Commenced in January 2007
Frequency: Monthly
Edition: International
Paper Count: 7

gentamicin Related Abstracts

7 Protective Effect of L-Carnitine against Gentamicin-Induced Nephrotoxicity in Rats

Authors: Mohamed F. Ahmed, Mabruka S. Elashheb, Fatma M. Ben Rabha


This study aimed to determine the possible protective effects of L‐carnitine against gentamicin‐induced nephrotoxicity. Forty male albino rats were divided into 4 groups (10 rats each); Group 1: normal control, group 2: induced nephrotoxicity (gentamicin 50 mg/kg/day S.C; 8 days) , group 3: treated with L‐carnitine (40 mg/kg/d SC for 12 days) and group 4: treated with L‐carnitine 4 days before and for 8 days in concomitant with gentamicin. Gentamicin‐induced nephrotoxicity (group 2): caused significant increase in serum urea, creatinine, urinary N‐acetyl‐B‐D‐glucosaminidase (NAG), gamma glutamyl transpeptidase (GGT), urinary total protein and kidney tissue malondialdehyde (MDA) with significant decrease in serum superoxide dismutase (SOD), serum catalase and creatinine clearance and marked tubular necrosis in the proximal convoluted tubules with interruption in the basement membrane around the necrotic tubule compared to the normal control group. L‐carnitine 4 days before and for 8 days in concomitant with gentamicin (group 4) offered marked decrease in serum urea, serum creatinine, urinary NAG, urinary GGT, urinary proteins and kidney tissue MDA, with marked increase in serum SOD, serum catalase and creatinine clearance with marked improvement in the tubular damage compared to gentamicin‐induced nephrotoxicity group. L‐carnitine administered for 12 days produced no change in the above-mentioned parameters as compared to the normal control group. In conclusion: L‐carnitine could reduce most of the biochemical parameters and also improve the histopathological features of the kidney associated with gentamicin-induced nephrotoxicity.

Keywords: Kidney Disease, gentamicin, nephrotoxicity, L‐carnitine

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6 Effect of Green Coffee Bean Extract on Gentamicin Induced Acute Renal Failure in Rats

Authors: Amina Unis, Samah S. El Basateeny, Noha A. H. Nassef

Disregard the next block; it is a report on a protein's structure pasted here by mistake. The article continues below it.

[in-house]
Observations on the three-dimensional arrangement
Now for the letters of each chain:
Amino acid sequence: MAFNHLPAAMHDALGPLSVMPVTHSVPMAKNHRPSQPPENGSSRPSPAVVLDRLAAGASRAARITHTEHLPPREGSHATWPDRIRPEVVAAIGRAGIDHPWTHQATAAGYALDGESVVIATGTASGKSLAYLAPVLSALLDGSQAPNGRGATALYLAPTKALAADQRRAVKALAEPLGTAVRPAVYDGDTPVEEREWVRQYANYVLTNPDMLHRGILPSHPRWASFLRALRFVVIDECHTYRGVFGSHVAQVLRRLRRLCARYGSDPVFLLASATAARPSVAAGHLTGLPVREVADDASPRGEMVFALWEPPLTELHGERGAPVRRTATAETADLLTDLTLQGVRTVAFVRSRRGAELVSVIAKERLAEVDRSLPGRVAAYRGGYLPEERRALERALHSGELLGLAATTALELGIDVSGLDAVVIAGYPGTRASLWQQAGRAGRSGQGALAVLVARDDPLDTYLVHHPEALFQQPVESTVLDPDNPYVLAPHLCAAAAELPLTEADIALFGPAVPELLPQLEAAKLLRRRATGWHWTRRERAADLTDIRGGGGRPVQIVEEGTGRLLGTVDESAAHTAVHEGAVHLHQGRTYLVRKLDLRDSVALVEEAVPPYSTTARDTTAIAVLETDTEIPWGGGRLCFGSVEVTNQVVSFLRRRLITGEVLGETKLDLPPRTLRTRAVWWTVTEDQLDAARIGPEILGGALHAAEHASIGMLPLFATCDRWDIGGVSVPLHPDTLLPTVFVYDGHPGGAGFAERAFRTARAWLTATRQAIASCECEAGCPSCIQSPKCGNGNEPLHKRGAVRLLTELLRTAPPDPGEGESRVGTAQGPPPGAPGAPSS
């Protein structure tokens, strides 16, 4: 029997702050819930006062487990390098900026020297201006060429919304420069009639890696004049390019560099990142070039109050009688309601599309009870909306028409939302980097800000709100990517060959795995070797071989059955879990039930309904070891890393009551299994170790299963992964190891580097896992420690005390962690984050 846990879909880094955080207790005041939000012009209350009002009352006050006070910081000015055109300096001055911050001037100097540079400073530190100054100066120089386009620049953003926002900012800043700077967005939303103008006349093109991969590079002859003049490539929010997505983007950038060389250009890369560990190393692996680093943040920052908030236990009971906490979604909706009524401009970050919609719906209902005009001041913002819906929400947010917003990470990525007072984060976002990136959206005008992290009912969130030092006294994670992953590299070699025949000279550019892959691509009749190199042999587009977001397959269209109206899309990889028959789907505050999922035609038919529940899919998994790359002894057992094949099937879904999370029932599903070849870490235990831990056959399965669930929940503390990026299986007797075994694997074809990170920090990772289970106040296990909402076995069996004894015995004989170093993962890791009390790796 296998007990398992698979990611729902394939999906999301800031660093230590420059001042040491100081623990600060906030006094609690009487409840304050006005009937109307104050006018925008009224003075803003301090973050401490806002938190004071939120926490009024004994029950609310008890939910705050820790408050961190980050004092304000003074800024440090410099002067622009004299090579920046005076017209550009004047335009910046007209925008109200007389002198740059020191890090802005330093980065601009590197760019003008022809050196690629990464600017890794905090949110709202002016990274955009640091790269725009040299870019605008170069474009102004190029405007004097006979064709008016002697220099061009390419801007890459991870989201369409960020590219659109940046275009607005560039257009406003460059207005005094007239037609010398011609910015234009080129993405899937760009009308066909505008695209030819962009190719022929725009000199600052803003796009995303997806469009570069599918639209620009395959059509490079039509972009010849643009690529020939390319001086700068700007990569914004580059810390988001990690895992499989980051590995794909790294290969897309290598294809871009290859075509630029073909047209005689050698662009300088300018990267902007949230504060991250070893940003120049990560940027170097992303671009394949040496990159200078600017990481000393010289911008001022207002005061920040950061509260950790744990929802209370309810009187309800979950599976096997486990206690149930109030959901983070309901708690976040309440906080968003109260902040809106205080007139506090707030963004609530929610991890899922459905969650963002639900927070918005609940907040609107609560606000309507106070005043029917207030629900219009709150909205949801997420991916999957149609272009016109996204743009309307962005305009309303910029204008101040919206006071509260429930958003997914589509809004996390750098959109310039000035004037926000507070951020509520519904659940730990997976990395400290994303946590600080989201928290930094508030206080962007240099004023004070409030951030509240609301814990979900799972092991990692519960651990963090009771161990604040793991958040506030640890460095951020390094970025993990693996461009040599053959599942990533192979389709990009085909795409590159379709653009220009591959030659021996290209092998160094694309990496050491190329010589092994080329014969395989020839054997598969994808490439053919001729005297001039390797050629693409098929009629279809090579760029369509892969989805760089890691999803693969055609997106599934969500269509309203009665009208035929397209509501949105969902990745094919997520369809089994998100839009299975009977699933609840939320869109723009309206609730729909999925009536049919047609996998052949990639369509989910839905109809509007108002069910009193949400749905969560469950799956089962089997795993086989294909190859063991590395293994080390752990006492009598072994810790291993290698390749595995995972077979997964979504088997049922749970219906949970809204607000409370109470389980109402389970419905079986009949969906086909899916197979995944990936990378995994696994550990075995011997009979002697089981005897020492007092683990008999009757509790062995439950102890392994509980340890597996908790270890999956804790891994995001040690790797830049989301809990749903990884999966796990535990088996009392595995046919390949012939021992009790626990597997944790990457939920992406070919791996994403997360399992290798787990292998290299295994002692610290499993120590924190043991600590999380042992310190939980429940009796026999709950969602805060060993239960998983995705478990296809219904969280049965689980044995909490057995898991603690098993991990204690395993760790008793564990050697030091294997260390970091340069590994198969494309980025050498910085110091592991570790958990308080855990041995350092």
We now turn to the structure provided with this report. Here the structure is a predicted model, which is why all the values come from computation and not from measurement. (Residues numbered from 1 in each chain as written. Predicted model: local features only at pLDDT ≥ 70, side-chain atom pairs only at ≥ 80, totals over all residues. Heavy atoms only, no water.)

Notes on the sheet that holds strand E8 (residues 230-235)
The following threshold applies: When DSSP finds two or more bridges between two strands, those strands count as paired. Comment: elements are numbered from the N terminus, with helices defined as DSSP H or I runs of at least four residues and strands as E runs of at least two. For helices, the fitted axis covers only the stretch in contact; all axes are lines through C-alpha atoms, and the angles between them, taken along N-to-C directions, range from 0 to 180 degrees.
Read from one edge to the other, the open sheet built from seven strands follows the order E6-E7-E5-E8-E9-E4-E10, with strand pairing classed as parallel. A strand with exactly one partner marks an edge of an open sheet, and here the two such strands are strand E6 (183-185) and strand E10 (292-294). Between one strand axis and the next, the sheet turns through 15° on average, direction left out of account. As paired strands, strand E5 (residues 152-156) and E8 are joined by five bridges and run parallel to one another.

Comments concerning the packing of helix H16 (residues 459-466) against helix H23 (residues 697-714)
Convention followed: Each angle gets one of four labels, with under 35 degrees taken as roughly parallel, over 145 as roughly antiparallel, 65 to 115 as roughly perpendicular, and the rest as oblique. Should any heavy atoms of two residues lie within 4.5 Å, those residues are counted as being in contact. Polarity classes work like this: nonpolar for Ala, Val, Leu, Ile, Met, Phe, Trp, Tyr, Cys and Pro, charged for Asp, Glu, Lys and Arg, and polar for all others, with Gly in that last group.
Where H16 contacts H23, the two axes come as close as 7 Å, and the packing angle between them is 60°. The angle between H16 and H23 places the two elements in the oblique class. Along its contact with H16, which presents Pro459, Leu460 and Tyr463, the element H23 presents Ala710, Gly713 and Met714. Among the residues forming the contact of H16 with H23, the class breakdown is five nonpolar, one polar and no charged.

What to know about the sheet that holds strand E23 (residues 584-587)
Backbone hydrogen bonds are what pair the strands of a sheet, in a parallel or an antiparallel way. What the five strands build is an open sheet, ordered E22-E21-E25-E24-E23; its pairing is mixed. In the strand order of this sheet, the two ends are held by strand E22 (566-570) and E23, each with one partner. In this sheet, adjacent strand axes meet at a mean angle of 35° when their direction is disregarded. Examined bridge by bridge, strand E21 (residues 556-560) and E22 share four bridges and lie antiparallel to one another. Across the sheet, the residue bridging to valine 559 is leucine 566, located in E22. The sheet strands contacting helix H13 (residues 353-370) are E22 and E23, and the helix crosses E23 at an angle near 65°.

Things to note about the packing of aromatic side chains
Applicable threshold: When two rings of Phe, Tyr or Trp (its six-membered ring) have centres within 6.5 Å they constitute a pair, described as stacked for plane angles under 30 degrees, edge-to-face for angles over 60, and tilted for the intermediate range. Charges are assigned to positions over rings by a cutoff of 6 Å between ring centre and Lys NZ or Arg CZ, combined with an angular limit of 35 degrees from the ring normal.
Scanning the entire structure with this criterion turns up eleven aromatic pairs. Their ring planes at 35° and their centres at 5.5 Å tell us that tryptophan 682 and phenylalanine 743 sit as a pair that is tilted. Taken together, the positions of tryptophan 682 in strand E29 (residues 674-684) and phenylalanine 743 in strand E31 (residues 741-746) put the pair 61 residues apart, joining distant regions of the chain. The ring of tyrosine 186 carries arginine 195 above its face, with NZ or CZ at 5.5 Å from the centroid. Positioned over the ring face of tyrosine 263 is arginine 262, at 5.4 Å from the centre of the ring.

Introduction: Acute Renal Failure (ARF) is one of the most common problems encountered in hospitalized critically ill patients. In recent years great effort has been focused on the introduction of herbal medicine as a novel therapeutic agent for prevention of ARF. Hence, the current study was designed to investigate the effect of Green Coffee Bean Extract (GCBE) on gentamicin induced ARF in rats. Methods: The study was conducted on 60 male rats divided into six equal groups. Group 1 served as normal control group and GCBE was administered for 7 days at a dose of 20 mg/kg/day in group 2 and 40 mg/kg/day in group 3 to test the effect of GCBE on normal kidneys. ARF was induced by a daily intraperitoneal injection of gentamicin (80 mg/kg) for 7 days in group 4 (model group), group 5 (GCBE 20 mg/kg/day) and group 6 (GCBE 20 mg/kg/day). All rats were sacrificed after 7 days and blood was withdrawn for kidney function tests. Kidneys were removed for determination of renal oxidative stress markers and histopathological examination. Results: The present study showed that rats that received oral GCBE for 7 days without induction of ARF showed no significant change in all the assessed parameters in comparison to the normal control group, while rats in the groups that received oral GCBE for 7 days with induction of ARF showed a significant improvement in kidney functions tests (decrease in serum urea, serum creatinine, and blood urea nitrogen) when compared to the ARF model group. Moreover, there was significant amelioration in renal oxidative stress markers (renal malondialdehyde, renal superoxide dismutase) and renal histopathological changes in the GCBE treated groups along induction of ARF when compared to ARF model group. The most significant improvement was reported in the group where GCBE was administered for 7 days in a dose 40 mg/kg/day, along with induction of ARF. Conclusion: GCBE has a potential role in ameliorating renal damage involved in ARF mostly through its antioxidant effect.